Whilst it will be more difficult to do it in the investment space, because the regulated environment is so challenging, I do not think we can dismiss the possibility of Google and Amazon entering the investment space.
It’s not beyond the realms of possibility to think you could buy your ISAs on Amazon in the future.
We should be careful and ensure we are always looking to those large platform companies.
PBI: Will Brexit damage the UK’s wealth management sector?
DB: We are not worried about Brexit from a regulatory standpoint in terms of our wealth management business because it is very much a UK business, but our chief investment officer is closely monitoring all opportunities that come out of Brexit.
In the UK we have a market that is growing enormously. Because of those shifts we talked about in the retirement space you have these retirement assets that were the purview of the insurance and annuities market that are now coming into the wealth manager arena.
So, the amount of growth for the UK wealth management sector is not going to be impacted at this stage by Brexit. There are a lot of structural shifts in our own economy that will keep the sector growing.
PBI: How does Barclays’ Wealth & Investments business manage its customer relationships?
DB: If a client is part of our wealth management business, he or she has a dedicated wealth manager looking after that person and a wealth management executive who tends to deal with you more on a day-to-day basis.
We also have a “sky-branched” wealth client services team available 24/7.
Client-buying behaviour is changing, so the amount of face-to-face time is probably reducing a little bit and now with wealth managers using digital tools, they are able to be more efficient when they are with clients.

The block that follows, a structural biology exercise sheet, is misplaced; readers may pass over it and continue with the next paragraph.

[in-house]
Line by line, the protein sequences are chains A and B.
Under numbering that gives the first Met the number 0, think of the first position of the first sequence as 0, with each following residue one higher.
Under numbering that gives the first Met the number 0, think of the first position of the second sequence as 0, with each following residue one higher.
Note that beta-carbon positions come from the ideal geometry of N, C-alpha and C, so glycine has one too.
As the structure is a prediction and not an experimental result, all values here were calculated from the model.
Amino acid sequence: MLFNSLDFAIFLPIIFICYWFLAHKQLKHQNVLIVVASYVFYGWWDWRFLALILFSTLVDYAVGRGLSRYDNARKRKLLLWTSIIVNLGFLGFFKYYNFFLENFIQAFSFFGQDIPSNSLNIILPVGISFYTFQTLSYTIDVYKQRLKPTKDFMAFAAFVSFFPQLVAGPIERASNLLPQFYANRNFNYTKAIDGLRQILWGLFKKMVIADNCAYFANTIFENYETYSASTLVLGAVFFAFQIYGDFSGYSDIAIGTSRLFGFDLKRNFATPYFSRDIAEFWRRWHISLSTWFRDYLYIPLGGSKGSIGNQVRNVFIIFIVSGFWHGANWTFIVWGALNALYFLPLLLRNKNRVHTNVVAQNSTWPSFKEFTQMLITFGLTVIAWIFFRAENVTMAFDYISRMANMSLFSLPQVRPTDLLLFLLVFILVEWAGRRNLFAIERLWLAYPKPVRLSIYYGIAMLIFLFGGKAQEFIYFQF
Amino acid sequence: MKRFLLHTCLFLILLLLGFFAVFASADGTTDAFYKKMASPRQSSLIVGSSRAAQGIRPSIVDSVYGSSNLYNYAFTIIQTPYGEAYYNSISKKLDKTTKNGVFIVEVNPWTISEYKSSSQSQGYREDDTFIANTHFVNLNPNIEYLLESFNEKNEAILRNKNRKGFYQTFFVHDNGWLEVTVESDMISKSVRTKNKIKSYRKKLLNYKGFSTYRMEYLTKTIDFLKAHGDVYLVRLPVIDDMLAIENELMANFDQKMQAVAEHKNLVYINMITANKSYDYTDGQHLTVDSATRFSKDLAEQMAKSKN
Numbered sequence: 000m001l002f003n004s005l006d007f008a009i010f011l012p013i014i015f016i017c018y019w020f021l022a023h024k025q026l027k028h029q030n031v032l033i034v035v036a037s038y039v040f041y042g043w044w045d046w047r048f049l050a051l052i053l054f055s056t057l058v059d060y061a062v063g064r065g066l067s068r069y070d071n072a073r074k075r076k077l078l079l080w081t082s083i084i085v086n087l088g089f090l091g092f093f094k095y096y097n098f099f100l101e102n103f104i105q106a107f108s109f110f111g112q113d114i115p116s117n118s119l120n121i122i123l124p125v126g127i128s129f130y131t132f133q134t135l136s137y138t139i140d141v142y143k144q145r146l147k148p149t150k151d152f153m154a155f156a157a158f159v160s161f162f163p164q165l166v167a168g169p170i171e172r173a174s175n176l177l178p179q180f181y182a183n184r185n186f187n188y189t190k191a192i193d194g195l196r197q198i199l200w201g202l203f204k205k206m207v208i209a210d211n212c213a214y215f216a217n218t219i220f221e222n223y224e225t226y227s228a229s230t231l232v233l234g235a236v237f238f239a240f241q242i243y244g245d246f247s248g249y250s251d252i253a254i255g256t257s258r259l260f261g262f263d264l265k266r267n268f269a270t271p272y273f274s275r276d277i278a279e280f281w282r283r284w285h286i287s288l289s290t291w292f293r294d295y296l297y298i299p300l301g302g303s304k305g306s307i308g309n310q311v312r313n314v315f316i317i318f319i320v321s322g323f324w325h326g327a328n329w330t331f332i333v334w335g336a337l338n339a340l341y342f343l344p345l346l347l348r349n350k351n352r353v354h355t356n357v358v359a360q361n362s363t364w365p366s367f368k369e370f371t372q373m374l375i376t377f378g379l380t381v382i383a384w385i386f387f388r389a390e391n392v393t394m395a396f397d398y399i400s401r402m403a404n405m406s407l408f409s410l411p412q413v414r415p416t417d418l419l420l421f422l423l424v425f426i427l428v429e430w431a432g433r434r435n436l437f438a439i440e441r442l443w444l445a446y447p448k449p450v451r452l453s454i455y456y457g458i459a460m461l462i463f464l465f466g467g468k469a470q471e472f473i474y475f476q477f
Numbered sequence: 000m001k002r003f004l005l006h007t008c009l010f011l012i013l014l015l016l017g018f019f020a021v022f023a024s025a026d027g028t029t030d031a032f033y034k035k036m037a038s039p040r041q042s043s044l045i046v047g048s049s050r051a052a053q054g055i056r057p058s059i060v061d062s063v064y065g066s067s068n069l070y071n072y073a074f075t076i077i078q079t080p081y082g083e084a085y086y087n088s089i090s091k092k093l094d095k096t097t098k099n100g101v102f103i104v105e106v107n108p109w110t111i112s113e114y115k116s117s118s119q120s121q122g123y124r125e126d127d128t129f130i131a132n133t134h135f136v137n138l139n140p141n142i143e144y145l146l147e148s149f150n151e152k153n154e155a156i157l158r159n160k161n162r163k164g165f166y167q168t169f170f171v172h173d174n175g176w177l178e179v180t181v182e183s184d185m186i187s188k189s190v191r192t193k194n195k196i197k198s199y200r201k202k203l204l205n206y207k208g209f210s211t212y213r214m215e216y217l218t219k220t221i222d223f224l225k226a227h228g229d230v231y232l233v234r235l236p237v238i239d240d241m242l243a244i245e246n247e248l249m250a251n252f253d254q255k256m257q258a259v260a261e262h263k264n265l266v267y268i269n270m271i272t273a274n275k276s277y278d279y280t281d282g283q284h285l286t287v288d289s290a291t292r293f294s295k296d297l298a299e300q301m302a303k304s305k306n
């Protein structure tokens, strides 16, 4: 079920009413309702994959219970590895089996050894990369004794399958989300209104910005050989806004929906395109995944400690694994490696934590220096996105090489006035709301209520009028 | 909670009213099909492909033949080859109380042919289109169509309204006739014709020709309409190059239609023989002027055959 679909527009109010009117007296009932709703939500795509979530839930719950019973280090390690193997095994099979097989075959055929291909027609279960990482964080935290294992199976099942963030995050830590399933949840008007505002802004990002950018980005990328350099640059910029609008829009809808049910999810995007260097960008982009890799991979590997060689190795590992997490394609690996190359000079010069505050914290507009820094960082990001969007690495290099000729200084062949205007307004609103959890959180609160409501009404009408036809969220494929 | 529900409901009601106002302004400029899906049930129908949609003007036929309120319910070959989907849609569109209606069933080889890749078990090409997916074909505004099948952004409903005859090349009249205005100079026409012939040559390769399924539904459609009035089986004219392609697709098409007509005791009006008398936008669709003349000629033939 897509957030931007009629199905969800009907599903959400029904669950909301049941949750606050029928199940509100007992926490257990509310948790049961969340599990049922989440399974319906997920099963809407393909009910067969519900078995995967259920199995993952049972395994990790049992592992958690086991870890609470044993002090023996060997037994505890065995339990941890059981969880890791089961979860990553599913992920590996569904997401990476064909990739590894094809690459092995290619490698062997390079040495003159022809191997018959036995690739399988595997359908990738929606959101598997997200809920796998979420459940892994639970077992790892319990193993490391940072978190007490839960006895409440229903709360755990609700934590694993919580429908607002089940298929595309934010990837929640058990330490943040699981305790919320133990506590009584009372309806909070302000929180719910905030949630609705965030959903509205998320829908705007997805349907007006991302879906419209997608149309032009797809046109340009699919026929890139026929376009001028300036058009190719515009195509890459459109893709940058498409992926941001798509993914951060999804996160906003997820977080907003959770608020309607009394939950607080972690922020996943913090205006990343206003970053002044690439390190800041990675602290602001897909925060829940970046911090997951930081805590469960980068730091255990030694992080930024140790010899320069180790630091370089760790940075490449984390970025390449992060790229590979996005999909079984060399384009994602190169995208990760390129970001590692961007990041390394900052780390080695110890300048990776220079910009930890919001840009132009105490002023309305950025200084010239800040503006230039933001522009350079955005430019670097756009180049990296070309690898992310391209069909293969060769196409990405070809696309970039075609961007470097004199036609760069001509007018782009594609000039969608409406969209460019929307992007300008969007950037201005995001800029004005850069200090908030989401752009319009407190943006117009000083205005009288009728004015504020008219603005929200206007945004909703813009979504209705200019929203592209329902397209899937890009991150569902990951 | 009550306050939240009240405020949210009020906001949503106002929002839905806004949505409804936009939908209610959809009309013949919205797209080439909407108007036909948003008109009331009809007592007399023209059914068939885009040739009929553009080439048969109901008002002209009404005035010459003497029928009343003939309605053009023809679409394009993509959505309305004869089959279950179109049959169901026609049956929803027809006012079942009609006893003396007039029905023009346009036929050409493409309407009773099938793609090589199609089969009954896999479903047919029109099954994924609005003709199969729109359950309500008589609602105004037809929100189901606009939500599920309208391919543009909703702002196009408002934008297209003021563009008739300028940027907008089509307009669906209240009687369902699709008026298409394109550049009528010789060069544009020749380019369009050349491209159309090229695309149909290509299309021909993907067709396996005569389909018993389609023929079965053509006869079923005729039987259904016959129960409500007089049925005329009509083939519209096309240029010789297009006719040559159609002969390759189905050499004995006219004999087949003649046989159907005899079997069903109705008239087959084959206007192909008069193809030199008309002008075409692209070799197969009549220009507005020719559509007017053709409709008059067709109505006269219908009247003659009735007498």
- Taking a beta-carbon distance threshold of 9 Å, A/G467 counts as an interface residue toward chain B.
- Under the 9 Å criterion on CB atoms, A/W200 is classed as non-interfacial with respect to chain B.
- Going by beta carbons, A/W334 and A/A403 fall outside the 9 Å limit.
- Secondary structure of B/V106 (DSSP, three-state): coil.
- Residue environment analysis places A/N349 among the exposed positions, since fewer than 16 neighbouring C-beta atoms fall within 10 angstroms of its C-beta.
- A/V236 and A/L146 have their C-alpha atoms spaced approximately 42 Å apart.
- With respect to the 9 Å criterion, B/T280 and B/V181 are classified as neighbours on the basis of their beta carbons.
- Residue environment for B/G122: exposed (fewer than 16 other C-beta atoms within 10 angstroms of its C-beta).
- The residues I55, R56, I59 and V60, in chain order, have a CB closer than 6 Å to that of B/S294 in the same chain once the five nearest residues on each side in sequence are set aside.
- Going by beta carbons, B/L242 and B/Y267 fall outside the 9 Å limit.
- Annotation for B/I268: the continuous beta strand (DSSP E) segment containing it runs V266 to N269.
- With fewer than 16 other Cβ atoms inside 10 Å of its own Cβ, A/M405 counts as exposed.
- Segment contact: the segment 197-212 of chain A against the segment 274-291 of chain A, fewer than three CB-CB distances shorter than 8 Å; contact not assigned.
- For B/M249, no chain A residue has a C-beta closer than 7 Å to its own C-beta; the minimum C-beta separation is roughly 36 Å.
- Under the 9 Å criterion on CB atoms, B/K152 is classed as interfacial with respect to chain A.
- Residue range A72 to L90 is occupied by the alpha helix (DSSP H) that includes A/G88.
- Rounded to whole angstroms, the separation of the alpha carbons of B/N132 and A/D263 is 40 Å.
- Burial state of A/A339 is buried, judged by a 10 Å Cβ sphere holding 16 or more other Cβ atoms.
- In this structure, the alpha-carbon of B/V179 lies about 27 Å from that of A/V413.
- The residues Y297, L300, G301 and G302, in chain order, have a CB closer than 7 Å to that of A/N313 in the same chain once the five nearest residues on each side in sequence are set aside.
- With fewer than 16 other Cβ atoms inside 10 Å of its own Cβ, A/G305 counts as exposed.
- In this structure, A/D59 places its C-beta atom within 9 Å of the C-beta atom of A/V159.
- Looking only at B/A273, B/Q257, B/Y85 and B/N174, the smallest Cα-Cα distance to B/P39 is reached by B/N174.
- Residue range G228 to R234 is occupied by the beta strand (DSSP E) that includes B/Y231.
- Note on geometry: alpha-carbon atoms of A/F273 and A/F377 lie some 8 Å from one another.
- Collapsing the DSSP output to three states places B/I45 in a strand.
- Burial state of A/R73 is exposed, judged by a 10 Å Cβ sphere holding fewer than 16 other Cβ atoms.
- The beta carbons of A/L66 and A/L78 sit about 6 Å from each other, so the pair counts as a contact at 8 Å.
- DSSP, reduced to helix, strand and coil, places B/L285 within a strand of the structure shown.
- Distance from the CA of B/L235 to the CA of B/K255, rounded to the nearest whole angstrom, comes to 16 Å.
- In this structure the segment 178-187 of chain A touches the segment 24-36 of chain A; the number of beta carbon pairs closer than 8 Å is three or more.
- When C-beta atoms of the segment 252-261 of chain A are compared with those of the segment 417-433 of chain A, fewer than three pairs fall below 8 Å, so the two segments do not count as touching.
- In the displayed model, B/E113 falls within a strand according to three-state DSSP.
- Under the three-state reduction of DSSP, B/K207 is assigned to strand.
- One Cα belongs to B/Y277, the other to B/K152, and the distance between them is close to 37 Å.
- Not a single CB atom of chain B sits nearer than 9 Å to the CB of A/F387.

We have a great digital app so our clients can see not only their bank accounts, but also their investment portfolios, their asset allocation and their performance.
It’s that human engagement supplemented by digital tools that really keep the relationship grounded.
Then, at the other end of the spectrum, Smart Investor is fully digital.
PBI: There is a lot of market discussion about millennials’ needs. How do their requirements differ compared to older clients?
DB: I think buying behaviour has changed across the board. I think the silver surfer generation is getting to be digitally savvy because they have more time on their hands.
I believe by another few generations, buying behaviour will change again. But our industry at the moment is still a very personal industry. Particularly when people are looking at their retirement or pensions, they want to look at people in the eye and feel they are doing the right thing
That human and emotional connection with clients is really important to us.
We are also very much focused on behavioural finance, so when we talk to new clients, we talk to them about not just who they are and their wealth levels, but we talk to them about their emotional connection to their wealth and how they react and respond when markets rise and fall.
PBI: How do you expect automated wealth management platform and robo-advisers to drive down investment fees?
DB: There is no doubt the more you can automate, the more you can reduce your costs, but you can only go as fast as clients can digest. And that trust with an adviser is a personal thing.
The biggest thing that will happen to fees is MiFID II and the transparency around fees that people will have. That has already started and there is a lot more clarity around fees today. We are very transparent about our fees, as evidenced by our kite mark because we are deemed to be very transparent. Not everyone in the industry has that ARC3D award for fee transparency.